Petrified Wood: A Rock with Tree Rings

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Montana is known for many things and our forests are at the top of the list. They support our economy, recreational pursuits, ecosystem and tourism. Our ancient forests have also given us petrified wood, literally, “wood turned into stone.” While a majority of fossils are impressions of ancient life left in rock, petrified wood is a 3-D replica of a tree from long ago.

Bozeman Monthly April 2013

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In the early forests, when a tree died one of three things happened: most commonly, the tree decayed and returned to the soil; occasionally, the tree was compressed and turned into coal; rarely, the wood was fossilized and turned into stone, creating petrified wood. Petrified wood has been found on every continent except Antarctica.

For the wood to be petrified several things had to take place. It is generally accepted that most petrified wood fell and was washed away in a river, deluge or lava flow. The wood was buried under layers of sand, mud, sediment or ash, creating a lack of oxygen, which slowed down the rotting process. As microorganisms broke down the tree’s tissue, mineral laden water flowed through the increasingly larger spaces. The minerals in the water replaced the organic matter. The slower the decaying process, the finer the details that remained during fossilization, sometimes remarkably retaining the tree’s original shape, grain, rings and bark. In other instances, a detailed mold was preserved and then a unique solution of other minerals flowed through, producing one of the rarest and most beautiful petrified wood formations. In such a case, Australian precious opal replaced the original stem tissue of a limb, creating petrified wood of such beauty and quality, with such an amazing play of colors, that it can be cabbed and turned into jewelry. However, to the collector, the piece is most valuable in the original shape of a limb, with the end polished to show the intense blue/ green/red flashes.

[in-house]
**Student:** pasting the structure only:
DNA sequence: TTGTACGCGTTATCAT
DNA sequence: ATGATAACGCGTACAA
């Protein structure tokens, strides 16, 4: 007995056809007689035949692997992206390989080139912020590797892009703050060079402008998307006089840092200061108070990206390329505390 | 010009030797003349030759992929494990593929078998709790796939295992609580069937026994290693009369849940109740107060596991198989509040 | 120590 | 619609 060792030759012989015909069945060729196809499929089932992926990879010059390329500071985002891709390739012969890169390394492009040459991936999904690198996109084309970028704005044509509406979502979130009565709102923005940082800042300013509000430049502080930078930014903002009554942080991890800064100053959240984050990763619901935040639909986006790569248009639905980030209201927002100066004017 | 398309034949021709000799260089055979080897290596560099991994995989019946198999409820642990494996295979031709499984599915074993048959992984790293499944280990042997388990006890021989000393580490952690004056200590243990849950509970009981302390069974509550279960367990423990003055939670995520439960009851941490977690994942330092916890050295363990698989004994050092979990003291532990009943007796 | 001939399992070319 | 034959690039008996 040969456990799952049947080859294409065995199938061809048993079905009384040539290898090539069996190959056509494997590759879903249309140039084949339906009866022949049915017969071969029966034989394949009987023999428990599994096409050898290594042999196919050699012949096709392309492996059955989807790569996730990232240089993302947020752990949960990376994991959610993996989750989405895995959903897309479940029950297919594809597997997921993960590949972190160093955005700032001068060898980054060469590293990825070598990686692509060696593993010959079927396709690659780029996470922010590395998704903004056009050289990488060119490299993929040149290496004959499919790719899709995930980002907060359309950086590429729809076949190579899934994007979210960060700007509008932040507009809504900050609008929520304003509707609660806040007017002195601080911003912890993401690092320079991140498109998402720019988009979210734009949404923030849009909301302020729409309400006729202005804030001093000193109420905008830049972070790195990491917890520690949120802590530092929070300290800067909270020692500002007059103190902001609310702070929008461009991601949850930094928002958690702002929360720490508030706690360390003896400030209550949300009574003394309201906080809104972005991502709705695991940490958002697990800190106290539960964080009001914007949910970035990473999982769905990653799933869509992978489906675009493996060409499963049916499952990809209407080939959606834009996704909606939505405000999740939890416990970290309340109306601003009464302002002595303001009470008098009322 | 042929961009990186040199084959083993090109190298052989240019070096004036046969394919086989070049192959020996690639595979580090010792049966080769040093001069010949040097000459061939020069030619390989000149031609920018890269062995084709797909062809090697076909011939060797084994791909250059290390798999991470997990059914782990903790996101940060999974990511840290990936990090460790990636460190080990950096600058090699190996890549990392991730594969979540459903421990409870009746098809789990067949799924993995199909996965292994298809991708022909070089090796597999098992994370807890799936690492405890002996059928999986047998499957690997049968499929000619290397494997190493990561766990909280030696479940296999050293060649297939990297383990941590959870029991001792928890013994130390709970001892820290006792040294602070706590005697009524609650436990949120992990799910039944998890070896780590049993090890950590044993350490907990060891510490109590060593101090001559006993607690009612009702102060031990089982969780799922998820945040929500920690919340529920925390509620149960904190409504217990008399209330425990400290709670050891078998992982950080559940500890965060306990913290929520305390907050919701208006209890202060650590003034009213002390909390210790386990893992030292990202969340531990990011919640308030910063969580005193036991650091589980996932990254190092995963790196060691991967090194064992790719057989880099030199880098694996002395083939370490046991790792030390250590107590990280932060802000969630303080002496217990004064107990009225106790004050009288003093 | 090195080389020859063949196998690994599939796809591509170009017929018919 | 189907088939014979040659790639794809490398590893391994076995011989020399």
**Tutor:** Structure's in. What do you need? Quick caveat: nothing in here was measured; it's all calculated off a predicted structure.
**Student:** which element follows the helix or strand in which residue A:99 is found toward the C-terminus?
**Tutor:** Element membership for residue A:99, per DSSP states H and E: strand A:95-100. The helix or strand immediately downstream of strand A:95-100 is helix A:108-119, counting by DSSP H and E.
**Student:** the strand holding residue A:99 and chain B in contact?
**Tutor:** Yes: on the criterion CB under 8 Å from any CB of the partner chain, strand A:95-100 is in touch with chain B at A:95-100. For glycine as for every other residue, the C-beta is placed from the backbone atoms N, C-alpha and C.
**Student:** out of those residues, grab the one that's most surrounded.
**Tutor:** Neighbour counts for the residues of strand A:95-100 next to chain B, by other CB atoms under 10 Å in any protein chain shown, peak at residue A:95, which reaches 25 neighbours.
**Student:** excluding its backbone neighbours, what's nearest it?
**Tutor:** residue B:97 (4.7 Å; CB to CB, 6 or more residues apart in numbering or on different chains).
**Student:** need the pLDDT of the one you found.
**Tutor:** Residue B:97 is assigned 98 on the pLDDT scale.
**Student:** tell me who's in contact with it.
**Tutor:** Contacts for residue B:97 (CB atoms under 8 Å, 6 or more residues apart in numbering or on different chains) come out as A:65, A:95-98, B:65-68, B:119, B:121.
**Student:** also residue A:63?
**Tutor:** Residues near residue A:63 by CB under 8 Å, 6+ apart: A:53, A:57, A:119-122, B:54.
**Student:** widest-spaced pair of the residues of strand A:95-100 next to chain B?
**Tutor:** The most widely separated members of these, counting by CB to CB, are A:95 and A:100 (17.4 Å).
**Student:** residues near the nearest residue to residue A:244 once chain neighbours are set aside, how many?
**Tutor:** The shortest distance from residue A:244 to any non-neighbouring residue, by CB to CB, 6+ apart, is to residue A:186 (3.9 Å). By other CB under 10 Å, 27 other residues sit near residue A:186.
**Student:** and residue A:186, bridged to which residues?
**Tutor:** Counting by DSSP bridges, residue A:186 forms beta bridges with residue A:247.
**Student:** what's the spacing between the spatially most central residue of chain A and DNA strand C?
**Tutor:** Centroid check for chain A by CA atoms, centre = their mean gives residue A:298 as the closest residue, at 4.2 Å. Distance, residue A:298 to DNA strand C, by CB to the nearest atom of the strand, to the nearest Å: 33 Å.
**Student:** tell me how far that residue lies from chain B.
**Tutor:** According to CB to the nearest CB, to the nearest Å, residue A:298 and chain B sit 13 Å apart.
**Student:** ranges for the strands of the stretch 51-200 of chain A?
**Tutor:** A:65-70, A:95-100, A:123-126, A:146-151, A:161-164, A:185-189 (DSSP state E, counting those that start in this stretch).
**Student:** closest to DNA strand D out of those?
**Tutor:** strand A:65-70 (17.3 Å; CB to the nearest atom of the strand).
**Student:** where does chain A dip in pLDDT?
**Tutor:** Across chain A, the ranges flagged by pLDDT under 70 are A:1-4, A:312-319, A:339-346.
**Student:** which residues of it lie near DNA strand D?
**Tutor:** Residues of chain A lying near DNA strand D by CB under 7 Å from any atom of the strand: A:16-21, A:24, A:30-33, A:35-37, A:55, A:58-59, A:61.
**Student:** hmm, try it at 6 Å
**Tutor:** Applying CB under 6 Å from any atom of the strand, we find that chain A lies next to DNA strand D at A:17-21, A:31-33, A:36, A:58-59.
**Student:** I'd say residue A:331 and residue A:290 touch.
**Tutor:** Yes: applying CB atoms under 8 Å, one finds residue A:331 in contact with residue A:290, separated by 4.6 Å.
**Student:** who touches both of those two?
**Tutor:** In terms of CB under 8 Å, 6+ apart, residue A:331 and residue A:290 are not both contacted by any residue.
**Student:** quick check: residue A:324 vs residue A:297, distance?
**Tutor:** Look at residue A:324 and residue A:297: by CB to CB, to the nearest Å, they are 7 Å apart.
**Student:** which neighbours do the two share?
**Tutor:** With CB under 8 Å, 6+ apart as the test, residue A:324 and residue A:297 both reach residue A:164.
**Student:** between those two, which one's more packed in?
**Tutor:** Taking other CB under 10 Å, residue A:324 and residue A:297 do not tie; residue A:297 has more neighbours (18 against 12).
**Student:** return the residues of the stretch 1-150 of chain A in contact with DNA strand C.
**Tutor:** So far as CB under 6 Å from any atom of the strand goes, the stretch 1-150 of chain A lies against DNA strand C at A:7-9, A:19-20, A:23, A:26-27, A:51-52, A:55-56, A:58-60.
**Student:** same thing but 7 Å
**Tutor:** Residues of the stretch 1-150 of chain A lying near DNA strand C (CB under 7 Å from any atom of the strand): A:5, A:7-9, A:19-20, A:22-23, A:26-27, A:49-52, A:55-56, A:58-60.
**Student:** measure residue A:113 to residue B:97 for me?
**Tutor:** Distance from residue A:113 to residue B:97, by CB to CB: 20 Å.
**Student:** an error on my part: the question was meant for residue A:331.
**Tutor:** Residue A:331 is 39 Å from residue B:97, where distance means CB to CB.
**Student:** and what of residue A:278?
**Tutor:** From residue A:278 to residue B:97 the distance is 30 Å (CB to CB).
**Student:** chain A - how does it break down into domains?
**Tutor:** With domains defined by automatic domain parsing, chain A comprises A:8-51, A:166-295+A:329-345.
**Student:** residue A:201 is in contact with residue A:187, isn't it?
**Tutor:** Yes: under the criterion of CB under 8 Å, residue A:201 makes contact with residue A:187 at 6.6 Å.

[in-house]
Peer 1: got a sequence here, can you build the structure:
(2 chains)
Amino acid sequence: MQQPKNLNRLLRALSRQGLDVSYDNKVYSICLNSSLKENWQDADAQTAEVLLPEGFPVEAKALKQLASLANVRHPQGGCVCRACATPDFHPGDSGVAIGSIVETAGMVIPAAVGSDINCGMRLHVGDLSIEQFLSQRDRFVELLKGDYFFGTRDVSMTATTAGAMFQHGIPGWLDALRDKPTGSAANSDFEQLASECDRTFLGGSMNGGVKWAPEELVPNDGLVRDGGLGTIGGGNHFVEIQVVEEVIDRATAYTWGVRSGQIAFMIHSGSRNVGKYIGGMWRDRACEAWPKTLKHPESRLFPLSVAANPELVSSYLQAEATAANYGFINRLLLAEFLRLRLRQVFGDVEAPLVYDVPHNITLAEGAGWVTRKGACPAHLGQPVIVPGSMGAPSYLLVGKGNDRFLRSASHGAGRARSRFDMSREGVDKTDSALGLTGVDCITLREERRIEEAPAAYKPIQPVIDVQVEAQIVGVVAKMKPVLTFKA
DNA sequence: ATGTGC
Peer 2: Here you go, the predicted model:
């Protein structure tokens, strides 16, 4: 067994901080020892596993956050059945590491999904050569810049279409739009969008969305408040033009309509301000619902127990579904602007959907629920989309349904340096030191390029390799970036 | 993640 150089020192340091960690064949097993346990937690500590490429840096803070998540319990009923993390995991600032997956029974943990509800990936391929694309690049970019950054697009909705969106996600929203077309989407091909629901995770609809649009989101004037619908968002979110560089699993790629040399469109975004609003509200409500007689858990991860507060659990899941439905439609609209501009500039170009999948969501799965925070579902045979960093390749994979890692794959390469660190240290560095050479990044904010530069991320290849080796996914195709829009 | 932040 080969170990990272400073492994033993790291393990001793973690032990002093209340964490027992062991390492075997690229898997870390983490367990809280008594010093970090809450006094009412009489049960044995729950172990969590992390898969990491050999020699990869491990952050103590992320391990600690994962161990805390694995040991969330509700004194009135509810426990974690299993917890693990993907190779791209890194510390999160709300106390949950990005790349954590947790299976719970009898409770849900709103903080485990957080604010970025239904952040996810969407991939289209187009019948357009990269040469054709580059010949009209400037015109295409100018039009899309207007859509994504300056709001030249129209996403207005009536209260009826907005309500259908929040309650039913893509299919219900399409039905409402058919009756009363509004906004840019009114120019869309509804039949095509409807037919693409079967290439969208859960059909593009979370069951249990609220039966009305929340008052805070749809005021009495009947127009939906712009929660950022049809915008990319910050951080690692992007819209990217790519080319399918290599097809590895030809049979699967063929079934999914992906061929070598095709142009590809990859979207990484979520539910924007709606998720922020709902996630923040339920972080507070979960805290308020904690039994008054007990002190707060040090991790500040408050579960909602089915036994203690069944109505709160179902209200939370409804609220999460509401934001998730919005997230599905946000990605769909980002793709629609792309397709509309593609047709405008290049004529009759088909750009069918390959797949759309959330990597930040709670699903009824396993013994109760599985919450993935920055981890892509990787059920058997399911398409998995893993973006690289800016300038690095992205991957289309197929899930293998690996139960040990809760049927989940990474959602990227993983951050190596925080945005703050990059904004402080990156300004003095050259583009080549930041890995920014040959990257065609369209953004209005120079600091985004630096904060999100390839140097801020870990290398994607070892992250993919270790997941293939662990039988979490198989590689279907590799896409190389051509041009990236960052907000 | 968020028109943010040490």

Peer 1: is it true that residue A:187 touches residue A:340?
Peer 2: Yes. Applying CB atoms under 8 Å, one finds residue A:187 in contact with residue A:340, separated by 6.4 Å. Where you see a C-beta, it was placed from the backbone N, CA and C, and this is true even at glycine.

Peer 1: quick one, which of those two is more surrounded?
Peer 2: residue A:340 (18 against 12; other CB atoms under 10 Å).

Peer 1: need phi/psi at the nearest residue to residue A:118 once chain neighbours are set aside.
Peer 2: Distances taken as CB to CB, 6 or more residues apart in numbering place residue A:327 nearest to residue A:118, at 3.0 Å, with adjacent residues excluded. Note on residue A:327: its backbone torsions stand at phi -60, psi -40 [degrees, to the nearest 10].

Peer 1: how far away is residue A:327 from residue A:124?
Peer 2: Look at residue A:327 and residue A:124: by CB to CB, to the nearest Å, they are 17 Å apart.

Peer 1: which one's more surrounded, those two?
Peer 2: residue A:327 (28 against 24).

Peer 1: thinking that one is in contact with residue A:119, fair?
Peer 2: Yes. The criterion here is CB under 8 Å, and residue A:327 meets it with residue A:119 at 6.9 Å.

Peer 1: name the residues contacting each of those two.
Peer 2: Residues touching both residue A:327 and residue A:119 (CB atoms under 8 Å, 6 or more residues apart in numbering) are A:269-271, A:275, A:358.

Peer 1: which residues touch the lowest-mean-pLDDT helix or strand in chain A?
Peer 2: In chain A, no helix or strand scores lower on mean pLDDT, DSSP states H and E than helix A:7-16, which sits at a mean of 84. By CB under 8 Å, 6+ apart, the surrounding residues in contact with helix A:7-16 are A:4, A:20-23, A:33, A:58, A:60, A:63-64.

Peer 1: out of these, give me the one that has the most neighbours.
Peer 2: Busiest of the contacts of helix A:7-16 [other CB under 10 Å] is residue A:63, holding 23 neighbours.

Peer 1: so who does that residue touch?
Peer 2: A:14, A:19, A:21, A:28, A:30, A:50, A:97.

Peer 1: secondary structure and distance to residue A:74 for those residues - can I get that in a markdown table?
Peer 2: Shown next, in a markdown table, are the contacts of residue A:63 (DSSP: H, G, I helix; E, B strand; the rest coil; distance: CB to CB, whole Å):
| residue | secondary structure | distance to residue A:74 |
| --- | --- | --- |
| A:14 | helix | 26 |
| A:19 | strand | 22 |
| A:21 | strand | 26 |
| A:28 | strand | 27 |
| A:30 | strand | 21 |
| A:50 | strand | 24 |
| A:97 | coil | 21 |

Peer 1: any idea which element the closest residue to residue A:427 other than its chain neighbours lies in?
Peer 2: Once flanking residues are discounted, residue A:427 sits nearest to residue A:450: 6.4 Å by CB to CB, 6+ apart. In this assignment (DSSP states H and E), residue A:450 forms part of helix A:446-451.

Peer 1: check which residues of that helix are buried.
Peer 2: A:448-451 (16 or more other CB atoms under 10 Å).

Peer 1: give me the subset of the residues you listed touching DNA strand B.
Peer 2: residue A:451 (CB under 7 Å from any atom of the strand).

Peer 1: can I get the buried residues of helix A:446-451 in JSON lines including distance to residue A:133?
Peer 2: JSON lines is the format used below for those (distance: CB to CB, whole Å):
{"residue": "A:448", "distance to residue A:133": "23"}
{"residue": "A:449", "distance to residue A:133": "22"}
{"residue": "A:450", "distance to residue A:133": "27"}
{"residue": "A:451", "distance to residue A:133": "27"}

The most common replacement mineral in petrified wood is quartz. Some people think that the varying colors in petrified wood are determined by the species of tree. This is not the case, however. Trace minerals in the water solution provide the breathtaking range of colors: iron oxides create browns, reds and yellows; copper and chromium create greens and blues; and manganese creates a range of pinks.

The rarest form of Montana petrified wood is called Channel Wood. This type of wood is black and white. What it lacks in bright colors, it makes up for in detail. The black reveals the unique wood grain while the contrasting white quartz appears to drip through some of the ring growths. Visually, it looks much like contrasting geometric shapes. The Smithsonian Institute has verified pieces of Montana Channel Wood as ancient Sequoia trees, which were charred in a fire and then fossilized. It is the carbon from the fire that produces the black color.

Rocks and minerals come in a dizzying array of colors and formations. Petrified wood, however, is both rock and fossil in a gorgeously wrapped package that looks like wood. Come in to Earth’s Treasures and see for yourself some of the unique and remarkable aforementioned formations, including the rare Australian Opal Wood and Montana Channel Wood. Earth’s Treasures is located at 25 N. Willson. For more information, contact the store at 586-3451 or visit www.EarthsTreasuresMT.com

By Patti Albrecht, Owner of Earth’s Treasures